This article appeared in the Kansai Time Out monthly magazine in September, 2002



Something A Little Different


        Your plans fall through on a Friday night and there is nothing to do but rent a video.  The video stores of Japan have a large selection of films, but what do you do when you find a great film you want to see from Vietnam or Iran since the Japanese subtitles provided will be just as difficult for you to understand as the original languages, be it Parsi, Farsi, Vietnamese or otherwise?  Well, you just sit down and watch it anyway!  While a lot of non-English films are dialogue-based (the French film _le Diner des Cons_, for example) and could send you to sleep, other films tell simple stories and allow the viewer to travel vicariously through the universal language of pure images to far off lands and cultures.  Here are a few foreign films available in Japanese video shops that fit this bill international titles are listed first with Japanese titles (if any) in brackets. 


        Asian Films:

        Children of Heaven (Undogutsu to Akai Kingyo) is the simple tale of a poor Iranian boy who accidentally loses his sisterfs shoes while on his way back from the cobbler.  Not only does she love the shoes dearly, they are her only pair.  The rest of the film shows how the children hide this fact from their parents by sharing the brotherfs shoes.  This is possible due to the fact that Iranian schools have boys study in the morning and girls study in the afternoon.  The apt Japanese title is a sly reference to the clever, gorgeous ending to the film and translates as grunning shoes and gold fish.h 

        The Scent of Green Papayas (Aoi Papaya no Kaori) and Cyclo are two of the early films of the celebrated Vietnamese director Anh Hung Tran.  The Scent of Green Papapas shows the life of a rich Vietnamese family in the 1940s through the eyes of a young girl who enters the house as a servant worker.  She falls in love with her young masterfs friend, and after ten years when her employers suffer a reversal of fortune, she goes off to work for that manfs family.  The beauty of the film has nothing to do with plot, though, since its magnetic attraction lies in the lush scenes of rain falling on tropical plants in the housefs gardens, water dripping into buckets, and voyeuristic views of the girlfs (fully clothed) bathing ritual clearly her most personal enjoyment.  Cyclo is a completely different film, offering a vision of modern urban hell: it follows the life of a young cyclo driver as his cyclo is stolen from him, as he goes to work with gangsters, observes and learns to out-trick them, while at the same time amazing things happen all around him and various lifelines are drawn together by fate.  And for the viewer, learning to understand what is happening in the film through visual cues is an interesting act of voyeurism in itself.  Hong Kong star (and Wong Jar-Wai acting stalwart) Tony Leung has a cameo.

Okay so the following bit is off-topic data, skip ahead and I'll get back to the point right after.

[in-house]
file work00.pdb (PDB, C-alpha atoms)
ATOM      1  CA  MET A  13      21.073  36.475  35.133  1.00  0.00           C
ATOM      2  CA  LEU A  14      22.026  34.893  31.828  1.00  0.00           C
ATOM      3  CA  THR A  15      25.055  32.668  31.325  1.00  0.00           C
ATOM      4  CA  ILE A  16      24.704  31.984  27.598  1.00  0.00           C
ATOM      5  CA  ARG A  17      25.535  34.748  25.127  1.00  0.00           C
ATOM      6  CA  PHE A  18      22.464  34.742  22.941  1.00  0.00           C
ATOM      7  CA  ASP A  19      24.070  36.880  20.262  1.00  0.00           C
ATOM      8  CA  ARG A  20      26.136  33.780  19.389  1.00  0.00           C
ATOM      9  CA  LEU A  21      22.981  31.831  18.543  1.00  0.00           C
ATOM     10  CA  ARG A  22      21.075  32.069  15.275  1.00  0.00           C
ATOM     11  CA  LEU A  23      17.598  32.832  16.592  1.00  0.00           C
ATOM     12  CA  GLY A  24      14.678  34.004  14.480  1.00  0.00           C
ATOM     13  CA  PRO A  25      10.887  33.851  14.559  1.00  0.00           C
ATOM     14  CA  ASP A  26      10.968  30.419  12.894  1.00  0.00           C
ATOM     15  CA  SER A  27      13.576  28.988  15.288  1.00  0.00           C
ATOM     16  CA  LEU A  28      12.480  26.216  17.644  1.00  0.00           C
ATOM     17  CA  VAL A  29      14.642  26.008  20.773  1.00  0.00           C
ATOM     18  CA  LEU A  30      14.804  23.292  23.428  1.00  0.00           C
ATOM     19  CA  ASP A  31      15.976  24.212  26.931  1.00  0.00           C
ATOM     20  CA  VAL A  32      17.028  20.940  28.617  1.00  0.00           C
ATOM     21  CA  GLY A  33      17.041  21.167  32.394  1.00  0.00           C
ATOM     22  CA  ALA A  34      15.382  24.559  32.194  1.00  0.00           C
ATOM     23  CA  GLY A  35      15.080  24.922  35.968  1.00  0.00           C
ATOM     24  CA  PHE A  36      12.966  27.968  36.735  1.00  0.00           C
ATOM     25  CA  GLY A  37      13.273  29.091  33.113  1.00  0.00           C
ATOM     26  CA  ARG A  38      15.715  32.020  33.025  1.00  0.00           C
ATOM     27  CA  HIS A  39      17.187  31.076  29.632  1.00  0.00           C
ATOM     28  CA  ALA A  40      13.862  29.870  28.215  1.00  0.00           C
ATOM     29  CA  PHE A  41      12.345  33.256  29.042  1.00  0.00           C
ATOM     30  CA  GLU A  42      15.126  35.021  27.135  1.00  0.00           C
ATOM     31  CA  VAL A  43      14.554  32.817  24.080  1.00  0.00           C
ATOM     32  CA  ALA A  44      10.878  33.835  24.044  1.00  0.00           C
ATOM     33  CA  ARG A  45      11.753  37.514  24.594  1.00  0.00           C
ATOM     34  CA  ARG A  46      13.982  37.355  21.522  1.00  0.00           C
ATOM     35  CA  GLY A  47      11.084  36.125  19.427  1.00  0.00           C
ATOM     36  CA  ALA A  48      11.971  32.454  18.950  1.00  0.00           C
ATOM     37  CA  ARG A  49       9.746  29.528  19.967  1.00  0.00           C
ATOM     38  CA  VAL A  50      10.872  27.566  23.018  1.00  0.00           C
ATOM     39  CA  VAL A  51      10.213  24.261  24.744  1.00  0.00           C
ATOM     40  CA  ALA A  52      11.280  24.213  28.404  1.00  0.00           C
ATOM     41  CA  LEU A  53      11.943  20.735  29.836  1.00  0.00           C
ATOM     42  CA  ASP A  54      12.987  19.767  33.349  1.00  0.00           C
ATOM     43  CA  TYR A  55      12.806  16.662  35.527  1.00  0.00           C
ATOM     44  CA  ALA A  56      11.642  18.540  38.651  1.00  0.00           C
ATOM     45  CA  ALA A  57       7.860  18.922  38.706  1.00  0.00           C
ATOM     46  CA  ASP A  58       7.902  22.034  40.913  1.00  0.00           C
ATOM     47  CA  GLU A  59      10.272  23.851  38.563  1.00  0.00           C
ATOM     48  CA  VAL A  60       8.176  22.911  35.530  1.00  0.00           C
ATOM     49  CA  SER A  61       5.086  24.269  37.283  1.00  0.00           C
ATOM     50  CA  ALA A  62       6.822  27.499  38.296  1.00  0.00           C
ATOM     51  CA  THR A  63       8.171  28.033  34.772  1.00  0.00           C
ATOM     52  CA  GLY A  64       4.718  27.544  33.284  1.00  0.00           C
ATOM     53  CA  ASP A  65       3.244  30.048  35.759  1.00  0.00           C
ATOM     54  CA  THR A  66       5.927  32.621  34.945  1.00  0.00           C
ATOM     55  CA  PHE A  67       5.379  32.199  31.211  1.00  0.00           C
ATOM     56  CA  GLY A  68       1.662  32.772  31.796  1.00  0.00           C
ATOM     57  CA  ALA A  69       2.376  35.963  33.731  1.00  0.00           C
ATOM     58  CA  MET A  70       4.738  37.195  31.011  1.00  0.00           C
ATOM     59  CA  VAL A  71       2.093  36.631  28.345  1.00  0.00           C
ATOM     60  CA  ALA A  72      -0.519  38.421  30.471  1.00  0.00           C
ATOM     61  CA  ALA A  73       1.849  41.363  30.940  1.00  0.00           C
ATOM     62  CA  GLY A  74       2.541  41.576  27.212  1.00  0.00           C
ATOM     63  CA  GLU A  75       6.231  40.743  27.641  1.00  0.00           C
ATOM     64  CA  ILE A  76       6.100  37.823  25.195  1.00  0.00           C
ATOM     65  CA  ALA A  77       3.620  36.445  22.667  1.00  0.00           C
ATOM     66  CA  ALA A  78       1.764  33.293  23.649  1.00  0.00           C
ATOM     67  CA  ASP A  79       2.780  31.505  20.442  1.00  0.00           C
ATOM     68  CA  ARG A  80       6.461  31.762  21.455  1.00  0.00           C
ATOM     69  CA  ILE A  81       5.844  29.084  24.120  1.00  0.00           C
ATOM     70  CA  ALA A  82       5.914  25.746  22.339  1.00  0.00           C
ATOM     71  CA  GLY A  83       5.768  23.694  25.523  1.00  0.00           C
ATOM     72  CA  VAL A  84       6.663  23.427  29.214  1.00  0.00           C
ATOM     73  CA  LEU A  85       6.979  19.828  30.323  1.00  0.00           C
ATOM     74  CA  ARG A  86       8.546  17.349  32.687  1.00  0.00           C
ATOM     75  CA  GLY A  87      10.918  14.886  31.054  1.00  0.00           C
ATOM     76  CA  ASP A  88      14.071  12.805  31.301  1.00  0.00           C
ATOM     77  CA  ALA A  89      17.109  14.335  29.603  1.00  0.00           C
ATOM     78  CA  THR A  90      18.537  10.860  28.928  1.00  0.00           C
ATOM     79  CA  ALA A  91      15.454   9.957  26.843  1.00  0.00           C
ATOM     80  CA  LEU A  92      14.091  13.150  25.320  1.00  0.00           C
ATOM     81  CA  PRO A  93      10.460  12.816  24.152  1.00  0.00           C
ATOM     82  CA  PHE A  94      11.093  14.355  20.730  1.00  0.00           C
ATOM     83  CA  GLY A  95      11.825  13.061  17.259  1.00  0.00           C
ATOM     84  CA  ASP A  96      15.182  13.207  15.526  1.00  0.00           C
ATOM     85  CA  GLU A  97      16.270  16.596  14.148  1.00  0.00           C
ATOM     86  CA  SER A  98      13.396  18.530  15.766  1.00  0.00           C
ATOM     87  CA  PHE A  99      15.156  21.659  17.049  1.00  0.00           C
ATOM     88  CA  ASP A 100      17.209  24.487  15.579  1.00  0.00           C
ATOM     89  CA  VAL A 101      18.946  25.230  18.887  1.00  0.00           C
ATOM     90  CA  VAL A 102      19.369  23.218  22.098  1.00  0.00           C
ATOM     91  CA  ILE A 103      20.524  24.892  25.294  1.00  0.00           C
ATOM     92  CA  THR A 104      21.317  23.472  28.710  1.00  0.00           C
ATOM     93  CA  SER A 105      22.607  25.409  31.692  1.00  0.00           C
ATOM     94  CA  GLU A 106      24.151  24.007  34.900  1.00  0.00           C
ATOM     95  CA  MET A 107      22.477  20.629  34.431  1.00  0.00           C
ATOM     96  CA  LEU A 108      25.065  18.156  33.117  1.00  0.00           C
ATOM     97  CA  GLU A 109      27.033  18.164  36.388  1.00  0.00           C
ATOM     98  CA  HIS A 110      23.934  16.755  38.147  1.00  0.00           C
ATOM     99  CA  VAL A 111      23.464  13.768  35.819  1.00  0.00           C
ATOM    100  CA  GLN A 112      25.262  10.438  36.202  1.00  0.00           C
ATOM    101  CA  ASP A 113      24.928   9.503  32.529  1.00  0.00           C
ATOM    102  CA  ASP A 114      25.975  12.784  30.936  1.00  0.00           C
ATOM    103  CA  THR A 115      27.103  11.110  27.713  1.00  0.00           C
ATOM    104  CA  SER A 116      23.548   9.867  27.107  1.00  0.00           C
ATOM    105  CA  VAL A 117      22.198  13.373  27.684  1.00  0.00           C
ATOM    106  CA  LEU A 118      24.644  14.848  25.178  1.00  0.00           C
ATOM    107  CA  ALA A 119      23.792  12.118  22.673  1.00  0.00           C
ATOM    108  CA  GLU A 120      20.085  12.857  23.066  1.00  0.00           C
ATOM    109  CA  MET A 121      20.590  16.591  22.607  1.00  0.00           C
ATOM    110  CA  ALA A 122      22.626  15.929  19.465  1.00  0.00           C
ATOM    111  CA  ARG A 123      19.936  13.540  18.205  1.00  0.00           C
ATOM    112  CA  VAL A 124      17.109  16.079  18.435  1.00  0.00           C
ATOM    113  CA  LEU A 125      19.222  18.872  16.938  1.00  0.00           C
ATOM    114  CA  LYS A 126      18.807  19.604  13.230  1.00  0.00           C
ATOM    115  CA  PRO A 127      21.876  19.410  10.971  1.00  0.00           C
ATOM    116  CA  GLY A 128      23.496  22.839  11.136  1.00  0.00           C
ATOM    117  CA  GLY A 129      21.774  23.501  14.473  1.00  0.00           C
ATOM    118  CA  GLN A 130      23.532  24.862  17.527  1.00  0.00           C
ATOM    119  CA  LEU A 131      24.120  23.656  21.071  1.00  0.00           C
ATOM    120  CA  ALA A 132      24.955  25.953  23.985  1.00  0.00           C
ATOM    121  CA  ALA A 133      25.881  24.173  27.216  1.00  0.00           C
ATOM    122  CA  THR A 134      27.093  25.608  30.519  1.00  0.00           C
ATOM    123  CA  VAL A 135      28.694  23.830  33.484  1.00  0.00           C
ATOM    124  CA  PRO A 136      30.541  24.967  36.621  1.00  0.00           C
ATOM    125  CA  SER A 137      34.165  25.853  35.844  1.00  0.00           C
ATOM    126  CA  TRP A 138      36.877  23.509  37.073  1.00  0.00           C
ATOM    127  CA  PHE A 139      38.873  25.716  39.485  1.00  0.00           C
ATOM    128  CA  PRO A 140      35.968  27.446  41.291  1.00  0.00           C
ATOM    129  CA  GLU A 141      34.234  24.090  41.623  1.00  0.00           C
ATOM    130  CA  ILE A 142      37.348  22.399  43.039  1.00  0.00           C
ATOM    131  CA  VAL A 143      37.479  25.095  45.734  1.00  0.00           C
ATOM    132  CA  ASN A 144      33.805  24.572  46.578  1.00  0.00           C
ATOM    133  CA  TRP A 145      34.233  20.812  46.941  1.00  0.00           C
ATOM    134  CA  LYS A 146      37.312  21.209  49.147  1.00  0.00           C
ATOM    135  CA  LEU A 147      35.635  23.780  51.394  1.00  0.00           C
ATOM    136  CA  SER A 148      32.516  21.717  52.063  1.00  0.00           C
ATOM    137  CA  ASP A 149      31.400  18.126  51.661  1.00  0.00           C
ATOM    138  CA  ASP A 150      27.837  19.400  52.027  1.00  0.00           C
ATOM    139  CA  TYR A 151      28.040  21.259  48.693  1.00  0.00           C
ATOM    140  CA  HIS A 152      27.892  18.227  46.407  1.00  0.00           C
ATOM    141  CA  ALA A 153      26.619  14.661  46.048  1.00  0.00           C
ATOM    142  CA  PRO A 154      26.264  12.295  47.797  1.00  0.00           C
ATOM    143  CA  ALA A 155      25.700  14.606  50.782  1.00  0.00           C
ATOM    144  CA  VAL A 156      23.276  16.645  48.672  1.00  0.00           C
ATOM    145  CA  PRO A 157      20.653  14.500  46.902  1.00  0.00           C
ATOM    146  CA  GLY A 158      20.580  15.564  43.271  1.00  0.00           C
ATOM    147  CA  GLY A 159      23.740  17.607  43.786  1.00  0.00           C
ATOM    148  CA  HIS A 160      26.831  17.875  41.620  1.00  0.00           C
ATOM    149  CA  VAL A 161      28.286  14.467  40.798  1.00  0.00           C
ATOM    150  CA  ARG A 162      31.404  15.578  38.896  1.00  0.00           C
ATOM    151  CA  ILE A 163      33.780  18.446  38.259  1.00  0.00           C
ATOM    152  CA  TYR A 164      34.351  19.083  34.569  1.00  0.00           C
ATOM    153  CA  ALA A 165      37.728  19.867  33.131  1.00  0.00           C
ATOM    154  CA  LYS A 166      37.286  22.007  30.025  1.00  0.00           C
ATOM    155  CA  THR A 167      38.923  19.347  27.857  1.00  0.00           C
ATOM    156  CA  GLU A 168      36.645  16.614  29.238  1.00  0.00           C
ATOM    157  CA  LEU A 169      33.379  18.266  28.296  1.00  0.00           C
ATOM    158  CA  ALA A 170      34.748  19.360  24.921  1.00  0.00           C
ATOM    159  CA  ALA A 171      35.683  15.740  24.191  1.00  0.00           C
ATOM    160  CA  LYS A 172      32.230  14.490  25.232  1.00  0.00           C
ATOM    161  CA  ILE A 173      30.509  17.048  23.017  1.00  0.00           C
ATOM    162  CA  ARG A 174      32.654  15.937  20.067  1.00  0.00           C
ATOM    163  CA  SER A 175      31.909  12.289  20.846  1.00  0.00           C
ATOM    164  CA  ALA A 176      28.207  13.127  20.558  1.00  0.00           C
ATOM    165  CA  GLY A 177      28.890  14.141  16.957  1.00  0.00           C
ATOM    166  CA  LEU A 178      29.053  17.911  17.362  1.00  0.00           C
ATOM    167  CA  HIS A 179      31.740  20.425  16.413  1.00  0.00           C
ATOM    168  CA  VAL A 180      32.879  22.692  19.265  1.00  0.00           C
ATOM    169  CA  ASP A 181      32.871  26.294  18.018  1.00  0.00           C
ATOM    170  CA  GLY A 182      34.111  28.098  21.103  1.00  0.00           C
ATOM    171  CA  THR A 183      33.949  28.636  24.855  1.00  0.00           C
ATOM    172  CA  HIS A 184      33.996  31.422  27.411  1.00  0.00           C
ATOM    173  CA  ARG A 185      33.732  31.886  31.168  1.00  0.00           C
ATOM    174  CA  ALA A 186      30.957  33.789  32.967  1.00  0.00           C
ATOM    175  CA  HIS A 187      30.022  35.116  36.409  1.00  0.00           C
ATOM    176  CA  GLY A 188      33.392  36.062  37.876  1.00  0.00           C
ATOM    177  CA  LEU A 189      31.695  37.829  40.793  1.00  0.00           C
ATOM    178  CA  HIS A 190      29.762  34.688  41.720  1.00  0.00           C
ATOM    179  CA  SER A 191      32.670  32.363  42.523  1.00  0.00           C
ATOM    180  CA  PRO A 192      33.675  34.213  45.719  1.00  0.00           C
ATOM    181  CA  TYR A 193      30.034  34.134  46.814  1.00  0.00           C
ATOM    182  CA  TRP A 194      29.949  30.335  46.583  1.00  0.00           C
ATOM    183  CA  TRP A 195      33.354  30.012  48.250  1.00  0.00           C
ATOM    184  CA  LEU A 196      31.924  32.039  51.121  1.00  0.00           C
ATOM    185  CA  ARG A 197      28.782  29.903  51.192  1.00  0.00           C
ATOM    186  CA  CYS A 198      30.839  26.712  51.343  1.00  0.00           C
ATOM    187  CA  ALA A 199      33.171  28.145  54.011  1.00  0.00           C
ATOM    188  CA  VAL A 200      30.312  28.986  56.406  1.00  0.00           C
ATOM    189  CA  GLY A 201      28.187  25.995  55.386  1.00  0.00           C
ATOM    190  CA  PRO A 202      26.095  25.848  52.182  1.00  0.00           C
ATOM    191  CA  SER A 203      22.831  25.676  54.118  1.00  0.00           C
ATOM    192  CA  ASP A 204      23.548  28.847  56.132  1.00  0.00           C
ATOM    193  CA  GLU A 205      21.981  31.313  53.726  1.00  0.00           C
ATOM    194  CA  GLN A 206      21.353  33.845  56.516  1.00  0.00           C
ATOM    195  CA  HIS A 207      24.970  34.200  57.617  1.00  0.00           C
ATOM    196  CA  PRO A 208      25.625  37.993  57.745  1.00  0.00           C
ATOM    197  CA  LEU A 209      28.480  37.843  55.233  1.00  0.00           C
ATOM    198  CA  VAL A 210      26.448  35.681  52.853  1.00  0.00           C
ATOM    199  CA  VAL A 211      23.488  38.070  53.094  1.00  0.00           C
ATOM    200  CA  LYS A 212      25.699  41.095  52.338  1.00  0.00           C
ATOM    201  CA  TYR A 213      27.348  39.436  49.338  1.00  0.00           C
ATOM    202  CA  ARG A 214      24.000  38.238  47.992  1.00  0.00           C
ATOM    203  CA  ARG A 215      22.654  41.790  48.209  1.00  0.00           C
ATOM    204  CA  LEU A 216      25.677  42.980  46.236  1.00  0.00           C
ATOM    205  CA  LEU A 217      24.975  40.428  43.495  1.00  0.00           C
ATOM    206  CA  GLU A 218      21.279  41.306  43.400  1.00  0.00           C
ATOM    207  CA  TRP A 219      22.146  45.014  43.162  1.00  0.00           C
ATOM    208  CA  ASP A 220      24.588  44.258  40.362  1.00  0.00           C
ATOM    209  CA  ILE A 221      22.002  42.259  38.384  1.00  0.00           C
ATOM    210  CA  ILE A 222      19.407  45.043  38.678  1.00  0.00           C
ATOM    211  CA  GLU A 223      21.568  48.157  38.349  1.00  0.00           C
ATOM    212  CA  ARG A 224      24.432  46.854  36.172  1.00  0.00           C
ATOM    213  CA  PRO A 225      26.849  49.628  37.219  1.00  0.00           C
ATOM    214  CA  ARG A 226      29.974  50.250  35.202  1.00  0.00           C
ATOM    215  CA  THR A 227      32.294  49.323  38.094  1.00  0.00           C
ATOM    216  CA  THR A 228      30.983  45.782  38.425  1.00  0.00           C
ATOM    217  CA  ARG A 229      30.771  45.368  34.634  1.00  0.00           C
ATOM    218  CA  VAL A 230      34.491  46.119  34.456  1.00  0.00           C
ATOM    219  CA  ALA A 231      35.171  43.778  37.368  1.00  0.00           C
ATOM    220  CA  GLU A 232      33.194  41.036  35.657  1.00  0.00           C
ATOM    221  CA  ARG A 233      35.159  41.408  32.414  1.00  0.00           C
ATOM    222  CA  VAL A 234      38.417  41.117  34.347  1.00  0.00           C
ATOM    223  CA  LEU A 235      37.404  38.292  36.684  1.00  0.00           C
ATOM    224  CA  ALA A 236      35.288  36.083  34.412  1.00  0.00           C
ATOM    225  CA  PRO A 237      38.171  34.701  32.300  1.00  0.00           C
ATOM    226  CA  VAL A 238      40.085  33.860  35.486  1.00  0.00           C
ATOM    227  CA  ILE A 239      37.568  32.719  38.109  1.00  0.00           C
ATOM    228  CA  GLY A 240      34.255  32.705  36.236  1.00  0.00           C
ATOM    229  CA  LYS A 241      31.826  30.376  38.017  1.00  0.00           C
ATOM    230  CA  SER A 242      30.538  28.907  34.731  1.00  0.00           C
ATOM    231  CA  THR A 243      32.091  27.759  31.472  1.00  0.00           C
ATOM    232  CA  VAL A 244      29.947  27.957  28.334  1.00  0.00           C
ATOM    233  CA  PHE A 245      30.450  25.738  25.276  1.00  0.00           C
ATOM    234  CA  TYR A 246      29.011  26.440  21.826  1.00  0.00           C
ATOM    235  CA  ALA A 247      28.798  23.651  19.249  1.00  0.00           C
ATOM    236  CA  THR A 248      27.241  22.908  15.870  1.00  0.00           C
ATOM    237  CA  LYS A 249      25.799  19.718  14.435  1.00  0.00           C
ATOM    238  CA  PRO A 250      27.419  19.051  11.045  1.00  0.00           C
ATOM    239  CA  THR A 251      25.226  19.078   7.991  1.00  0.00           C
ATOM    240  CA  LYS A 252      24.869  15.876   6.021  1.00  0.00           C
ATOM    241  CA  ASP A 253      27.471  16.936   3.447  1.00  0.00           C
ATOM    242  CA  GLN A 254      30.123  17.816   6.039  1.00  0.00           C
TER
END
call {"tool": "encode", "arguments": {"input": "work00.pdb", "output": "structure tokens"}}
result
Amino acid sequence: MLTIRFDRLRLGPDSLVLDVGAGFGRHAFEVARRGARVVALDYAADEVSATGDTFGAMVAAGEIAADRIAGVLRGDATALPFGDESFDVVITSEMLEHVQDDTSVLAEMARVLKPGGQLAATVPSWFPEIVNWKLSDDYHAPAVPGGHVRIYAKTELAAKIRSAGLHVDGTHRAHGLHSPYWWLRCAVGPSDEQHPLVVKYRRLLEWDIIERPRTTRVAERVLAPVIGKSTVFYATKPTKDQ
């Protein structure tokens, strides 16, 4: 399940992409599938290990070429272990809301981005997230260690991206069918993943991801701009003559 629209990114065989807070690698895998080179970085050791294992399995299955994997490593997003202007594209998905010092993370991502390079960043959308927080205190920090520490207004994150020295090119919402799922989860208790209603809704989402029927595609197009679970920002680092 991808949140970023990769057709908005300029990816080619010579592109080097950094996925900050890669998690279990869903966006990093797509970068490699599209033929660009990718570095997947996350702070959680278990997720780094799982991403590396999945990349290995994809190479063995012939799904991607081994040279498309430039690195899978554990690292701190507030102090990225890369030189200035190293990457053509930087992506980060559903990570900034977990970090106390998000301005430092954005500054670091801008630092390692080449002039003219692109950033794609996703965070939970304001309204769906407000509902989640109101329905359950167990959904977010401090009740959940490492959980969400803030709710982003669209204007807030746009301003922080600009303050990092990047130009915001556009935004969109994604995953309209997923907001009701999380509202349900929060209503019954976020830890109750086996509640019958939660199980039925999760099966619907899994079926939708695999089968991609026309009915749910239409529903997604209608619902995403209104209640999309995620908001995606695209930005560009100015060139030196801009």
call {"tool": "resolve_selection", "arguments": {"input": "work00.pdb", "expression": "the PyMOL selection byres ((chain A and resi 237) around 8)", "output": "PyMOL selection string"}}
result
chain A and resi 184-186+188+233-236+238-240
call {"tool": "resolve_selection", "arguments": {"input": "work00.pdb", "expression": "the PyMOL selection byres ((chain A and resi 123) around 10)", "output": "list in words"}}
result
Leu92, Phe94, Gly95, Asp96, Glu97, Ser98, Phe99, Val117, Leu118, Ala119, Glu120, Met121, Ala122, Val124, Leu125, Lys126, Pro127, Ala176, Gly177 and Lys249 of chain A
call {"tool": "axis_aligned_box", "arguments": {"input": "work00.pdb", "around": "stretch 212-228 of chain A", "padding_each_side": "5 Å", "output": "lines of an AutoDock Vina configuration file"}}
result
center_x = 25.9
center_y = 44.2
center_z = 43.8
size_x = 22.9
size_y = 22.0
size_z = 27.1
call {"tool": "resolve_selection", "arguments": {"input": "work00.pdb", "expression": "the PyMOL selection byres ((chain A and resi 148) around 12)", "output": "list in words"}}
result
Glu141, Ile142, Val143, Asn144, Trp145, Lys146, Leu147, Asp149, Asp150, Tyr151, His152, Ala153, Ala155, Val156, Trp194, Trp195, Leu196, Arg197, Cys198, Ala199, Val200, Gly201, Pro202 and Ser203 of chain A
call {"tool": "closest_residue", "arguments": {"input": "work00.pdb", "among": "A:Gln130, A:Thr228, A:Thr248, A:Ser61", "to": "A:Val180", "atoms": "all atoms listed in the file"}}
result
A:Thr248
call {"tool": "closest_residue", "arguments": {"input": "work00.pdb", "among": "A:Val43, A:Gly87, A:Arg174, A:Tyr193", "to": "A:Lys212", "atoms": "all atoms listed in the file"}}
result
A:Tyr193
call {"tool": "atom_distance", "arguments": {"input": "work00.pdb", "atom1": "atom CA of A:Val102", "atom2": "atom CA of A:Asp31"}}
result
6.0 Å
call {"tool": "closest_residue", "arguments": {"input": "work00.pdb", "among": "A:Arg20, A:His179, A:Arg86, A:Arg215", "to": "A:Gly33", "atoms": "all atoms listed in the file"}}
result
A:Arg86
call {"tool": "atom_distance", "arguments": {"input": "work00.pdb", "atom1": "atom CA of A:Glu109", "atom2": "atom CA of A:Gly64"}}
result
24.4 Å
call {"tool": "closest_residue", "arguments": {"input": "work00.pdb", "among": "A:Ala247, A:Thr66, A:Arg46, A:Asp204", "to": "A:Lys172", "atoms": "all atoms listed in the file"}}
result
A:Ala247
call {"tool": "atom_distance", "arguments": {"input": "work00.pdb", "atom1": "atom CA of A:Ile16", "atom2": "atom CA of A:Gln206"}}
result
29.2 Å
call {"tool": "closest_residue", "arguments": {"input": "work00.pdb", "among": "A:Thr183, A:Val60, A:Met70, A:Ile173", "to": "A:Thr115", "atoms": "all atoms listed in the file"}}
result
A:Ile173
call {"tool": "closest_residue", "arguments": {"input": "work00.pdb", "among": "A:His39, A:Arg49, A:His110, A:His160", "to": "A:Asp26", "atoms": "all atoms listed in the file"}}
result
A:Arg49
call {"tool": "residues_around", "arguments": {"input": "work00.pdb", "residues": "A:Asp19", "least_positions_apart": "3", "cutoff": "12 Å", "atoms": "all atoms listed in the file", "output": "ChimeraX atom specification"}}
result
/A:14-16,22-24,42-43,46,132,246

Swiri (Shuri) is an action thriller set in Seoul, Korea.  It involves a female operative from the North on a terrorist mission to steal explosives, blow up a stadium in Soul, assassinate the President.  While it may seem like a rehash of Hollywood thrillers of the past, primarily the prototypical Black Sunday, the film has rhythm, momentum, and ultimately reflects the frightening reality of two warring nations who are still lying in a dangerous state of political stalemate as they have for nearly half a century.  The film is tense, emotional, exciting, and the training-regimen-from-hell opener makes the famous first third of Full Metal Jacket look more like Private Benjamin.  It is also heartening to see the blockbuster Korean film receive media attention in Japan, which has paved the way for more Korean titles on the shelves. 

        Xiu-Xiu, the Send-Down Girl (Shoo Shoo no Kisetsu) is the directorial debut of actress Joan Chen, and it tells the tale of a beautiful victim.  Xiu-Xiu is a city girl who is sent to fight the Culture Revolution in the foothills of Tibet in rural Sichuan Province where she is to live with a Tibetan shepherd and help him develop his ranch.  The shepherd was a faithful revolutionary, but too wild for his own good: once running afoul of local officials he was to be executed, but in the end was merely castrated.  A calmer and lonelier man now, he nurtures a strong platonic love for Xiu-Xiu and watches her with a quiet, fatherly eye.  Unfortunately the tender, lonely girl also falls under the eye of corrupt local officials, and her attempts to win favors with them backfires as she is used up and consumed and left to rot in rural isolation.  Gorgeous cinematography of a harsh, beautiful, ancient land contrast with young beauty and the loss of innocence in this lush, powerful film.